Cuentos del Centro: Writing from the Heartland, Latino Writers Collective, Scapegoat Press, 2009. "There's a lot to be said for the output from well-funded ventures, editors, and agents. Quality, however, is not exclusive to the big bucks process. Case in point, Kansas City's Latino Writers Collective and its recent anthology of local writers, Cuentos Del Centro [that] features twenty-four stories from fifteen writers. ... You owe yourself and friends the opportunity to enjoy these stories and writers." Review by Michael Sedano.
Simpáticos: San Miguel Stories, Elva Treviño Hart, Bilingual Press, 2009. "Elva Trevino Hart introduces us to the people of San Miguel de Allende. Nestled in the eastern part of Guanajuato in Mexico's mountainous bajio region, the town has a mild climate and an accommodating culture that attract wealthy Americans and Canadians seeking relaxation and escape. In this picturesque setting, we meet a variety of well-to-do Anglo retirees: some are haunted by ghosts, others by their own pasts, some find renewed meaning and purpose, and still others explore their sexuality. Witnessing it all are the maids of San Miguel, the women charged with making visitors' stays carefree and luxurious.The maids work magic to heal or redeem their employers, but sometimes the sorcery of others trumps their own. Simpáticos movingly describes two extreme socioeconomic conditions and reveals the universal journey we all ultimately share." Publisher's blurb posted by Manuel Ramos.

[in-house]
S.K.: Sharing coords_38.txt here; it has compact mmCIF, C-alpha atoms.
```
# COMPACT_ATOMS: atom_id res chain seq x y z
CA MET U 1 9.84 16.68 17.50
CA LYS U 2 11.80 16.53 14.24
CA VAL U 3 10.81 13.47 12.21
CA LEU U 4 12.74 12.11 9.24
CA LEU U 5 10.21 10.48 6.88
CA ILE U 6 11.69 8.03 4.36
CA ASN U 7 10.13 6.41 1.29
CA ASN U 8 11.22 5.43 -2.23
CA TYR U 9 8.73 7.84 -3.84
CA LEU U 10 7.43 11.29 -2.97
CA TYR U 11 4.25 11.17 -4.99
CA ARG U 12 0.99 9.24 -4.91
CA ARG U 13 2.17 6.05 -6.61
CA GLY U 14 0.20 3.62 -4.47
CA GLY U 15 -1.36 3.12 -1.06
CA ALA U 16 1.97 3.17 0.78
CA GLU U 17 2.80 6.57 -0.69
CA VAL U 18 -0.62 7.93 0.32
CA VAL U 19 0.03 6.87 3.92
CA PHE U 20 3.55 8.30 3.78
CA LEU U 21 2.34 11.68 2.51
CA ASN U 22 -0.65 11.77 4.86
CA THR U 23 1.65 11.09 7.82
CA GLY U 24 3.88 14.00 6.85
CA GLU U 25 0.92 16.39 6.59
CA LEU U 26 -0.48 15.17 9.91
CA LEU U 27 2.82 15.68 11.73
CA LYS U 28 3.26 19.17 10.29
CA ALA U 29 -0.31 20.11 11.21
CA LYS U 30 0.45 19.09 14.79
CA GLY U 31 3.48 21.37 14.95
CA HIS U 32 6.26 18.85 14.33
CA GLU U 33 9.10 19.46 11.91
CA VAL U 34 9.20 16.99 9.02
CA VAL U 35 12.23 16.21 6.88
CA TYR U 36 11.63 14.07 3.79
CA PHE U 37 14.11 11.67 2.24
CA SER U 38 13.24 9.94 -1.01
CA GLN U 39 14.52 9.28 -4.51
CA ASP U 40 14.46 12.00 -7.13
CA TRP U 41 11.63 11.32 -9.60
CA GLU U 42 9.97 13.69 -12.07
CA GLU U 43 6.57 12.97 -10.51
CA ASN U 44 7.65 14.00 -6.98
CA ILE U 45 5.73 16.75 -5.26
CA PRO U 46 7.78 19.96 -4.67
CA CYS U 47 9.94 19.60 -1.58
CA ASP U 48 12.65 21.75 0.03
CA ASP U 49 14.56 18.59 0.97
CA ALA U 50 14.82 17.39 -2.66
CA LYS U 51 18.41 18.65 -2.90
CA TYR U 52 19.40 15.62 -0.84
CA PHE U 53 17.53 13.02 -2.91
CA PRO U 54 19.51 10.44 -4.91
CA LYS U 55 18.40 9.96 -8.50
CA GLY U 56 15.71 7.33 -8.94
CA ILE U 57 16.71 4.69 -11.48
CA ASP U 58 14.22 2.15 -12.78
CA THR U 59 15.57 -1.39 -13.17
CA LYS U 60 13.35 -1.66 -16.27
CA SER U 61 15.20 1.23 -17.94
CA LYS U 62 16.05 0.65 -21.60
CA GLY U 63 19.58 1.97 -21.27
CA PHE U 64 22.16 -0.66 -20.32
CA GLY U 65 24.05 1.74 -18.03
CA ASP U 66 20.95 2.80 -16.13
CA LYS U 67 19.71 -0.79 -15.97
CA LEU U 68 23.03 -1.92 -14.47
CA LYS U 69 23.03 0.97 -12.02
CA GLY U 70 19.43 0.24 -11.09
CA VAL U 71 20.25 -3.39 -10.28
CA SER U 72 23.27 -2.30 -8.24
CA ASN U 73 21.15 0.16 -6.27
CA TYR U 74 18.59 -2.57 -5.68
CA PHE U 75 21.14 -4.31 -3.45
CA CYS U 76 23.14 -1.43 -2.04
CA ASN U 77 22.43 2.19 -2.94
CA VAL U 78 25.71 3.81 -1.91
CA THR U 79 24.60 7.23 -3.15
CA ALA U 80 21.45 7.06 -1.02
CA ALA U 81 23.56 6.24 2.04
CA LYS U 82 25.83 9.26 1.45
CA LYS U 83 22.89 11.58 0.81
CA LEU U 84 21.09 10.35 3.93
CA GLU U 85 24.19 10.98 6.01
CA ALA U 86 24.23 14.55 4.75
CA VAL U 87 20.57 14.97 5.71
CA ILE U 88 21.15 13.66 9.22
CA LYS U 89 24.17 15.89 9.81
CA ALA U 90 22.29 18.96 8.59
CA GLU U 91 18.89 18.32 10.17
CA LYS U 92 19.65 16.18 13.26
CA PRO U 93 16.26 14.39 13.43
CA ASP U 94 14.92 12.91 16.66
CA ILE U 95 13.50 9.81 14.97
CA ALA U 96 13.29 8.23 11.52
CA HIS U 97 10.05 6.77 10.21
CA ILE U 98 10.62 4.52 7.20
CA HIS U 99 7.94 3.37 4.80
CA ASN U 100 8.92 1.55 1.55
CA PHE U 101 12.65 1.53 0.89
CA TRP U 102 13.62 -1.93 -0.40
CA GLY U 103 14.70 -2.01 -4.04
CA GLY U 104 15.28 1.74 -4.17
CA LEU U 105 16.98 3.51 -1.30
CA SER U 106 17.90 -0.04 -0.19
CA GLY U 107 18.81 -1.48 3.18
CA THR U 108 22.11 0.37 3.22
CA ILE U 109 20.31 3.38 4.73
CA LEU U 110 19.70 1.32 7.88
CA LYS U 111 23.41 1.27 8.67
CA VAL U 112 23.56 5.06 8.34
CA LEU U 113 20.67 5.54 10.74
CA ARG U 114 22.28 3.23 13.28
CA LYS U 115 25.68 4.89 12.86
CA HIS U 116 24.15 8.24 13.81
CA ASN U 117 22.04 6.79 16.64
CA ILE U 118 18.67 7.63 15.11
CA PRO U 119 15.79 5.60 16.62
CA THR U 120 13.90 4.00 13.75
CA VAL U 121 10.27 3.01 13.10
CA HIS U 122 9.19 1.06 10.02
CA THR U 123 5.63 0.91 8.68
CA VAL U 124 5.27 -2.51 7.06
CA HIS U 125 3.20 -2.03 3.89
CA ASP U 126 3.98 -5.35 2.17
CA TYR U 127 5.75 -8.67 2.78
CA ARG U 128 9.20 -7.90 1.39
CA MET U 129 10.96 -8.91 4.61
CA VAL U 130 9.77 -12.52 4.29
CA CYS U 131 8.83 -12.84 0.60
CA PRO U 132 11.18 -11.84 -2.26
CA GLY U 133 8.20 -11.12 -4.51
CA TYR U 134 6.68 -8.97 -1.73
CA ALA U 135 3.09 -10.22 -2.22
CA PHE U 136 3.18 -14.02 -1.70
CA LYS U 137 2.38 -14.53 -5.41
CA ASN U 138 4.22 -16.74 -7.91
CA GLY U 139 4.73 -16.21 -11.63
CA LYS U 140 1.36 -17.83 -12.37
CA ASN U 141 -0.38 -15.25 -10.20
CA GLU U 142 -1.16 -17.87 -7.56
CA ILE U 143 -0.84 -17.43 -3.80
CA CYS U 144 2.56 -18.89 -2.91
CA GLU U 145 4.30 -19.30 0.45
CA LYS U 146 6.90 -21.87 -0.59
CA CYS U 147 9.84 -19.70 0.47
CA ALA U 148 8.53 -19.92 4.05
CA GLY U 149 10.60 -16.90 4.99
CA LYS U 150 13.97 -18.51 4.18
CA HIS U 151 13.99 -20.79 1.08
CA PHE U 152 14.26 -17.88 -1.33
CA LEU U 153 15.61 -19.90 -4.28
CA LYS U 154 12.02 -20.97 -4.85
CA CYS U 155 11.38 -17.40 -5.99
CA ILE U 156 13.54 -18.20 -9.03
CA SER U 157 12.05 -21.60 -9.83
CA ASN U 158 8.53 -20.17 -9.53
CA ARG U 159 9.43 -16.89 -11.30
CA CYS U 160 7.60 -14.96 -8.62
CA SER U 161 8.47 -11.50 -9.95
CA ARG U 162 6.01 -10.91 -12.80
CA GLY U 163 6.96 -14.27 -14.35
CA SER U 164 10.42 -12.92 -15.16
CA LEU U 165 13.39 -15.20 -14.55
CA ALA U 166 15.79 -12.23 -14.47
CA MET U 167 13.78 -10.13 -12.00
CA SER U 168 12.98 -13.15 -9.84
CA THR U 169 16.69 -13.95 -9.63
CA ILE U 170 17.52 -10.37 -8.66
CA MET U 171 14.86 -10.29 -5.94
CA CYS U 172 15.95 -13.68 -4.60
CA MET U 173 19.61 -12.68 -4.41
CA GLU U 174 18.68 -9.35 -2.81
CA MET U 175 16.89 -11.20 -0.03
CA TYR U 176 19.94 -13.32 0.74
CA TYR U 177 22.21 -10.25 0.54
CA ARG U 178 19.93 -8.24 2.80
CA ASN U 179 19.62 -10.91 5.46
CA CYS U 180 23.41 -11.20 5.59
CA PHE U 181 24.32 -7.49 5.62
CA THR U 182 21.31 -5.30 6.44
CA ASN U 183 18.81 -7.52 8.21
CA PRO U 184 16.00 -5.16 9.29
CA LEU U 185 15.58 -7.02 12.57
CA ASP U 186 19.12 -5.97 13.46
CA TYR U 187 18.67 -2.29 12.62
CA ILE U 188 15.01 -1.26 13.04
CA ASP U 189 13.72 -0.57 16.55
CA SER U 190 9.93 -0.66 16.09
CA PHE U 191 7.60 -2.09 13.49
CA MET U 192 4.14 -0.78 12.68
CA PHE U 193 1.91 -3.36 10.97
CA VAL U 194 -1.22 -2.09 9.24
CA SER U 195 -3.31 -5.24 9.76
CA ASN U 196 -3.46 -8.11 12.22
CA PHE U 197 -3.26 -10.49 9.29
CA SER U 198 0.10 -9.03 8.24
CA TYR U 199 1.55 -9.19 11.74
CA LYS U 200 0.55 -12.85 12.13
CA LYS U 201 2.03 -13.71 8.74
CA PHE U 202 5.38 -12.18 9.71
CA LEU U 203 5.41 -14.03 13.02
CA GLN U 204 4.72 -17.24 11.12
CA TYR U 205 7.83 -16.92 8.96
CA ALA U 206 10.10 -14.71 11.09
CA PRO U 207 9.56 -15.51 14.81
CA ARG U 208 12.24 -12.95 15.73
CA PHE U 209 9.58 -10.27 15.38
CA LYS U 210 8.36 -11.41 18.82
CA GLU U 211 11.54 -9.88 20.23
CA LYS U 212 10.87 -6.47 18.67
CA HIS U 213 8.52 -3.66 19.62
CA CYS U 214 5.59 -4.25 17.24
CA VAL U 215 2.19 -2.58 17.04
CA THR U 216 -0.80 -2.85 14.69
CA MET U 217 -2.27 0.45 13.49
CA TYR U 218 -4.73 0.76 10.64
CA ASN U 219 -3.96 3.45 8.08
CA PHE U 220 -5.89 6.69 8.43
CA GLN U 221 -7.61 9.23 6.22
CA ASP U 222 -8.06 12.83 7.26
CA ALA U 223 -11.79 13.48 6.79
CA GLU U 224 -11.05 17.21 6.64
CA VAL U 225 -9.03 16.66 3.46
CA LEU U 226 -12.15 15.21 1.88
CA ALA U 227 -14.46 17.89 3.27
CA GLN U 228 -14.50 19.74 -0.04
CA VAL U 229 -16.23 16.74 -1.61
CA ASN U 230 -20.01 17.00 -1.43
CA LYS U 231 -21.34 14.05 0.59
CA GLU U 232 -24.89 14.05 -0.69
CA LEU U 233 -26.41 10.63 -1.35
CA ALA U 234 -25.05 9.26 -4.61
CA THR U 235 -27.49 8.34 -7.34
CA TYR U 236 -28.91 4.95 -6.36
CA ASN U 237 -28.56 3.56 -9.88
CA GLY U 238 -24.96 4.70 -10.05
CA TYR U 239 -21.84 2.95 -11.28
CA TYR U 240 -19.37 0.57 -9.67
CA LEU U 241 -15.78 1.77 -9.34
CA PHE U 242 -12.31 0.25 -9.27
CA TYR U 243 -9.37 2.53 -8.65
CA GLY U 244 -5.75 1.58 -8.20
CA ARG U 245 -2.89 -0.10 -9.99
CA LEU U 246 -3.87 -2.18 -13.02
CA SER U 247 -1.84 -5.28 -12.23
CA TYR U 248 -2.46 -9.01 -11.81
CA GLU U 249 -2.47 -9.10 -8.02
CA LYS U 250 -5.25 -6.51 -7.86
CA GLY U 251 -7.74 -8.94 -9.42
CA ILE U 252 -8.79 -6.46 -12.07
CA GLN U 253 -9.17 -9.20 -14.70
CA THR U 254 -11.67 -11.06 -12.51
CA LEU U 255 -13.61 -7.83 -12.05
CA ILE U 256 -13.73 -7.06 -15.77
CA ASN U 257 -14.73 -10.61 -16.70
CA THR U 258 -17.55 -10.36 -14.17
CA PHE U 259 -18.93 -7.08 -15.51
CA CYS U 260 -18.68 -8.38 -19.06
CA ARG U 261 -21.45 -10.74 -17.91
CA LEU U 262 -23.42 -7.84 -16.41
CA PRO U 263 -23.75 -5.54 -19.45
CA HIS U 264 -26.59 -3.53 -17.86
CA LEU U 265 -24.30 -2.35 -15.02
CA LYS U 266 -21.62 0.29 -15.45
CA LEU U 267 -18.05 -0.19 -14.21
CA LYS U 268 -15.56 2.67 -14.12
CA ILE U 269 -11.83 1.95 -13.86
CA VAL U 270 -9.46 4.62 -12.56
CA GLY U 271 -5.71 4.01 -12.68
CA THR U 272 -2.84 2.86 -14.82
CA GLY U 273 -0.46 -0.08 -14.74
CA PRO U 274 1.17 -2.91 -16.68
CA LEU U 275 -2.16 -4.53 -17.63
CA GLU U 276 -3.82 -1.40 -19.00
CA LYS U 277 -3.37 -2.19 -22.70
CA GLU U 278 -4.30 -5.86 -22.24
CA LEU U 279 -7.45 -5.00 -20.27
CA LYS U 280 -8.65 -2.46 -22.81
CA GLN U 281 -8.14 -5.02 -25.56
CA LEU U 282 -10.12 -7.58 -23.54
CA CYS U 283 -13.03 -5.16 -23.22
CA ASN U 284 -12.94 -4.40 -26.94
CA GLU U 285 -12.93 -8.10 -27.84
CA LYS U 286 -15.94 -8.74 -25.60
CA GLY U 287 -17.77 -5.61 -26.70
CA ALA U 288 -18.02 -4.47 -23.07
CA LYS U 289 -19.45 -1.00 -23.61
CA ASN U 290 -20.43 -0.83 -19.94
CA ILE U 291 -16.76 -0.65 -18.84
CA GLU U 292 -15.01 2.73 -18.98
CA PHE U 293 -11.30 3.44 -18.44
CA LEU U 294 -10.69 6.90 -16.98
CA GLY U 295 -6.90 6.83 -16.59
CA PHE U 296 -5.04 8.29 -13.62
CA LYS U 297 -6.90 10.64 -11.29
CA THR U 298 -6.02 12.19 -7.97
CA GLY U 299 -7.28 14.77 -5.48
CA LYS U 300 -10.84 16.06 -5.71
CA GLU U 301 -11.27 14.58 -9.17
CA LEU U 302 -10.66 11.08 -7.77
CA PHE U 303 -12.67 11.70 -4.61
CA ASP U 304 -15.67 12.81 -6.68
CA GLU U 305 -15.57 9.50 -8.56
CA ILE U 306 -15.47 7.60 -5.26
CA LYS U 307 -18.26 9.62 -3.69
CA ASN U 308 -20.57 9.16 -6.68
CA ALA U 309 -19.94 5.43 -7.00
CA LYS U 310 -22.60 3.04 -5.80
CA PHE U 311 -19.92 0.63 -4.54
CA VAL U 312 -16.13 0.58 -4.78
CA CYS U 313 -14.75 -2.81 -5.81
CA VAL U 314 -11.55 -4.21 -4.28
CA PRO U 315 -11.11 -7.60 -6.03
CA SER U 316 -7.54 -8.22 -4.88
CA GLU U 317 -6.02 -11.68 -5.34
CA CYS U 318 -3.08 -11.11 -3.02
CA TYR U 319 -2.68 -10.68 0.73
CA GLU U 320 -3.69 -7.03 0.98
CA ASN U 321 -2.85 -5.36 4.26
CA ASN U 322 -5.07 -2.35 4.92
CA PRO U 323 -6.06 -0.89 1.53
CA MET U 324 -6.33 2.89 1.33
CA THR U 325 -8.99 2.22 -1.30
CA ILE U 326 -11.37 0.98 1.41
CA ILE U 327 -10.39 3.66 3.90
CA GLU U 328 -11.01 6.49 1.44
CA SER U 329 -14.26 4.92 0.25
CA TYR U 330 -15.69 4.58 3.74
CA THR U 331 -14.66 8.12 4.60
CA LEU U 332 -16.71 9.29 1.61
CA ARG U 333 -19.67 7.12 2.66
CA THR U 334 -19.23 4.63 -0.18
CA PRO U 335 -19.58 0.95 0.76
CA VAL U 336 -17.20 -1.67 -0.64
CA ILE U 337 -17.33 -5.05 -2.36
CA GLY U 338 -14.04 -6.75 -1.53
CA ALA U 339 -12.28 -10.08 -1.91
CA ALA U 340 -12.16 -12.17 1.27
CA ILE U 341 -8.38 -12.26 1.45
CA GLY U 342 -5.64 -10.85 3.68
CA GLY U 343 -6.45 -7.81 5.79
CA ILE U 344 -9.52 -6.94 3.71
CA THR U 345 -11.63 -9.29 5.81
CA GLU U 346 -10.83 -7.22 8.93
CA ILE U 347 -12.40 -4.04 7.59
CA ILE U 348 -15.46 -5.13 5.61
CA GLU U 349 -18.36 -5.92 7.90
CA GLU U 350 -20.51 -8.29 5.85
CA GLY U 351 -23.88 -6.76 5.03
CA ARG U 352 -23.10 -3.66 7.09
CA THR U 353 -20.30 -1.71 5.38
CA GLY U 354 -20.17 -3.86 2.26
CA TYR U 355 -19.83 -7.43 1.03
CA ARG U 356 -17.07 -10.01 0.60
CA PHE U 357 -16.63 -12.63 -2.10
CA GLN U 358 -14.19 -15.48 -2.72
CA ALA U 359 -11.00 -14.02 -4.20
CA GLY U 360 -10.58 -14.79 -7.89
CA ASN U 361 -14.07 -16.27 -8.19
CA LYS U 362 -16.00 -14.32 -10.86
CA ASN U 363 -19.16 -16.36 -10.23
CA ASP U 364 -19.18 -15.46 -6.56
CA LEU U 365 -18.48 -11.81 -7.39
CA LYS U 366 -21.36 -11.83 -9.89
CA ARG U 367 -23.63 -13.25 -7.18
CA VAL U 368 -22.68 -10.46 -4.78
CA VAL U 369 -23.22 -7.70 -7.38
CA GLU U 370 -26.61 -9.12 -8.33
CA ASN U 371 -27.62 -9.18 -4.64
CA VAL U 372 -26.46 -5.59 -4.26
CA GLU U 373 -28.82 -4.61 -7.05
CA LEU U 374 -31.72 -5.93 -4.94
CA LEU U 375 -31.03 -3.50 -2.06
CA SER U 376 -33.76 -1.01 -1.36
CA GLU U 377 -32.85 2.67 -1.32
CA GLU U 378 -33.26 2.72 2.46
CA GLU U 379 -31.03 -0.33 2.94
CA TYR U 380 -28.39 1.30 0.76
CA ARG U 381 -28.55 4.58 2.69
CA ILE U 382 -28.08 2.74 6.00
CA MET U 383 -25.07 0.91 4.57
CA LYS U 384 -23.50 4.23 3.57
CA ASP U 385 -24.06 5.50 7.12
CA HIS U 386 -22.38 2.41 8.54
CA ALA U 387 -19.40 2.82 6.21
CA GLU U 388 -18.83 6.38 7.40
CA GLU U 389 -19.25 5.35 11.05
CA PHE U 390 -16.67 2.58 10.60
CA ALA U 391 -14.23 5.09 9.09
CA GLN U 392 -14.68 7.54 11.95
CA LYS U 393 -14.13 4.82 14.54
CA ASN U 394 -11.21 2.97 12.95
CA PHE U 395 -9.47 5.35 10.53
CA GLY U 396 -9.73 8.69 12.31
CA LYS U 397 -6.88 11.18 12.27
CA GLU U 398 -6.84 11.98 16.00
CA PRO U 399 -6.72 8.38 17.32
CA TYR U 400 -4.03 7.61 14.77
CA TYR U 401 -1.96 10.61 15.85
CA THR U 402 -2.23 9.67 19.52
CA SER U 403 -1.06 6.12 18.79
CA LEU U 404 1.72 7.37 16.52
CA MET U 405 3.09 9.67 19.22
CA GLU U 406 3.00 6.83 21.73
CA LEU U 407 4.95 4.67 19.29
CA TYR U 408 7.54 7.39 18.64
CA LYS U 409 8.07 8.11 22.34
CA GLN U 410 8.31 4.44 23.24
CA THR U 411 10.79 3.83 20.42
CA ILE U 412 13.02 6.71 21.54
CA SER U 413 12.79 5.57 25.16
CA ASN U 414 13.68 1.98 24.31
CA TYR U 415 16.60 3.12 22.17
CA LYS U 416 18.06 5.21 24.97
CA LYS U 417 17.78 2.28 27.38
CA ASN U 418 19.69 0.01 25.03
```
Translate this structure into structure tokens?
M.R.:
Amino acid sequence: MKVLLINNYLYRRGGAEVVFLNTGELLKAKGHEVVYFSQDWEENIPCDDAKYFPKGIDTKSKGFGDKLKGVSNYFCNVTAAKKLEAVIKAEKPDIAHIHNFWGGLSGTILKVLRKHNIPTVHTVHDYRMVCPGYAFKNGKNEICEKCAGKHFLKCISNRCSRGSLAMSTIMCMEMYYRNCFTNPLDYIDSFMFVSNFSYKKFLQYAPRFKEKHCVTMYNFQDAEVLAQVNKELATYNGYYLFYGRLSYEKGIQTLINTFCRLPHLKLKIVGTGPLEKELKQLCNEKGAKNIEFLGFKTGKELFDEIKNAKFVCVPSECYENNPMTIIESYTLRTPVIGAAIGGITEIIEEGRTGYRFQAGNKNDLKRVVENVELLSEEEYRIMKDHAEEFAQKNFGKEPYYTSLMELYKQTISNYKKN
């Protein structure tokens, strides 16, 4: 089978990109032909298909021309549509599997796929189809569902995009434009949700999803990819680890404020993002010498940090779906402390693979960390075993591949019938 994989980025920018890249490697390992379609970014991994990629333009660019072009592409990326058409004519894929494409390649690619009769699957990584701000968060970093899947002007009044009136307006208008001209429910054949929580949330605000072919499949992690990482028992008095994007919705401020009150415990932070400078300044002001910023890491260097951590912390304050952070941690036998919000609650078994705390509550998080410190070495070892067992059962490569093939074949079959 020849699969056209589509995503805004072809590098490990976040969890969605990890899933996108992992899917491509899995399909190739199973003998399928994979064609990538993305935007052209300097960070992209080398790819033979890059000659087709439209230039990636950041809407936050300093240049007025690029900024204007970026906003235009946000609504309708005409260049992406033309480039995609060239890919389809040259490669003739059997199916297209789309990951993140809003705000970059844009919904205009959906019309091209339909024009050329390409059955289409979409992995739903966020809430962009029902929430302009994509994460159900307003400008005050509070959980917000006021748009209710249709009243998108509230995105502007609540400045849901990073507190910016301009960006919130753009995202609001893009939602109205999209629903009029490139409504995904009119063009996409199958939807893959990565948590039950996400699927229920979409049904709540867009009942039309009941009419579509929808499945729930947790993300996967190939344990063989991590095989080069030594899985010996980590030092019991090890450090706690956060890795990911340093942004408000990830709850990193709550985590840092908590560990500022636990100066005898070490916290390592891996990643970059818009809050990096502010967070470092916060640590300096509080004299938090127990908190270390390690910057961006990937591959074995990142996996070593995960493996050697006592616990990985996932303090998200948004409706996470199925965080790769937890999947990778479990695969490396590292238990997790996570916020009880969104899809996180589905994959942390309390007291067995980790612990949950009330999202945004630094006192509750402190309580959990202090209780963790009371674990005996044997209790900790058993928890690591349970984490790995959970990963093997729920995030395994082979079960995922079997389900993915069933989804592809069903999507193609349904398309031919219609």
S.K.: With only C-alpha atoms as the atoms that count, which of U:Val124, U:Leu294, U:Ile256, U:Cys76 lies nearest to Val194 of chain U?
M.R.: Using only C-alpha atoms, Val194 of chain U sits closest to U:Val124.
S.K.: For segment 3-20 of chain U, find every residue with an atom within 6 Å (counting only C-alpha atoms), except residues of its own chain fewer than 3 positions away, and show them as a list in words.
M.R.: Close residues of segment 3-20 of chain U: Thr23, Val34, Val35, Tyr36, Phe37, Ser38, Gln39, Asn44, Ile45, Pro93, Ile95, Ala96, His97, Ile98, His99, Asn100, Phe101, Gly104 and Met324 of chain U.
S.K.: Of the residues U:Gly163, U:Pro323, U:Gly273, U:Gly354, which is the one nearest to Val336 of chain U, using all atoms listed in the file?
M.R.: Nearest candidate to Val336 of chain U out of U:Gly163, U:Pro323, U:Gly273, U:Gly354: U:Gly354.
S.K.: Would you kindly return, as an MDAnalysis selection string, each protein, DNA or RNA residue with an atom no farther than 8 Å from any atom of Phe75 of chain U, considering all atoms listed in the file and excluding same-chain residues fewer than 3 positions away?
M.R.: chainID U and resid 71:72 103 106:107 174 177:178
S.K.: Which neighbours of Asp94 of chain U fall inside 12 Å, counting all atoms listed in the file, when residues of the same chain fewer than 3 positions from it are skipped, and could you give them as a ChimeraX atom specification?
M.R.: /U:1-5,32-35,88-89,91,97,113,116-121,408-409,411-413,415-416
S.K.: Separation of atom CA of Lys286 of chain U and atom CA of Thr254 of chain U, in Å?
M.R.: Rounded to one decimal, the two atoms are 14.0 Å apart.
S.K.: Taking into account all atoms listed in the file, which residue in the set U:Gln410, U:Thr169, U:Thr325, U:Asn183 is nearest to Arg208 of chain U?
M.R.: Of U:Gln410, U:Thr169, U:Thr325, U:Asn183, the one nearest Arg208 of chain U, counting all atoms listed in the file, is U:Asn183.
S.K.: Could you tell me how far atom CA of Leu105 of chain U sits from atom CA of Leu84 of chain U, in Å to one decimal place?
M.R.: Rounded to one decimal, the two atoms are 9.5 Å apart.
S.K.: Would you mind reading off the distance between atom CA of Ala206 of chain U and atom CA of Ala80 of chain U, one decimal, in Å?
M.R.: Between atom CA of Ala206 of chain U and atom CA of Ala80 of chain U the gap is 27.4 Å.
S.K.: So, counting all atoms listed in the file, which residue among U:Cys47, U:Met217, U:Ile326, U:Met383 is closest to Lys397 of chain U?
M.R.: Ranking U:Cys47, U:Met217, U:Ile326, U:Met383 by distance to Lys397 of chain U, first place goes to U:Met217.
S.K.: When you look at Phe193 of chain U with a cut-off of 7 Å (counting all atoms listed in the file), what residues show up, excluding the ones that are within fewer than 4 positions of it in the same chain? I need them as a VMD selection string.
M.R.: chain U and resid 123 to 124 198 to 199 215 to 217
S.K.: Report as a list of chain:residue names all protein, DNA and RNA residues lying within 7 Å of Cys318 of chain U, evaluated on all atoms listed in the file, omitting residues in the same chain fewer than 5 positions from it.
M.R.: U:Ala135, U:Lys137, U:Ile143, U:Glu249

A Dozen on Denver: Stories, edited by the Rocky Mountain News, Fulcrum Publishing, 2009. "In this original tribute, twelve talented authors celebrate Denver’s 150th anniversary, each creating a unique story based on a different decade in the city’s colorful history. Ranging from the pioneer days to WWII aftermath to a haunting vision of the future, this lively volume offers an eclectic mix of exceptional storytelling, each complemented by contemporary illustrations. Edited by the Rocky Mountain News and featuring twelve Colorado authors: Margaret Coel, Pam Houston, Sandra Dallas, Nick Arvin, Joanne Greenberg, Connie Willis, Manuel Ramos, Arnold Grossman, Robert Greer, Diane Mott Davidson, Laura Pritchett, and Robert Pogue Ziegler. Illustrated by Charles Chamberlin." Publisher's blurb posted by Manuel Ramos. I'll add that this book is nicely done -- a comfortable hardcover with the art work that was published with the stories in the newspaper. A good-looking book.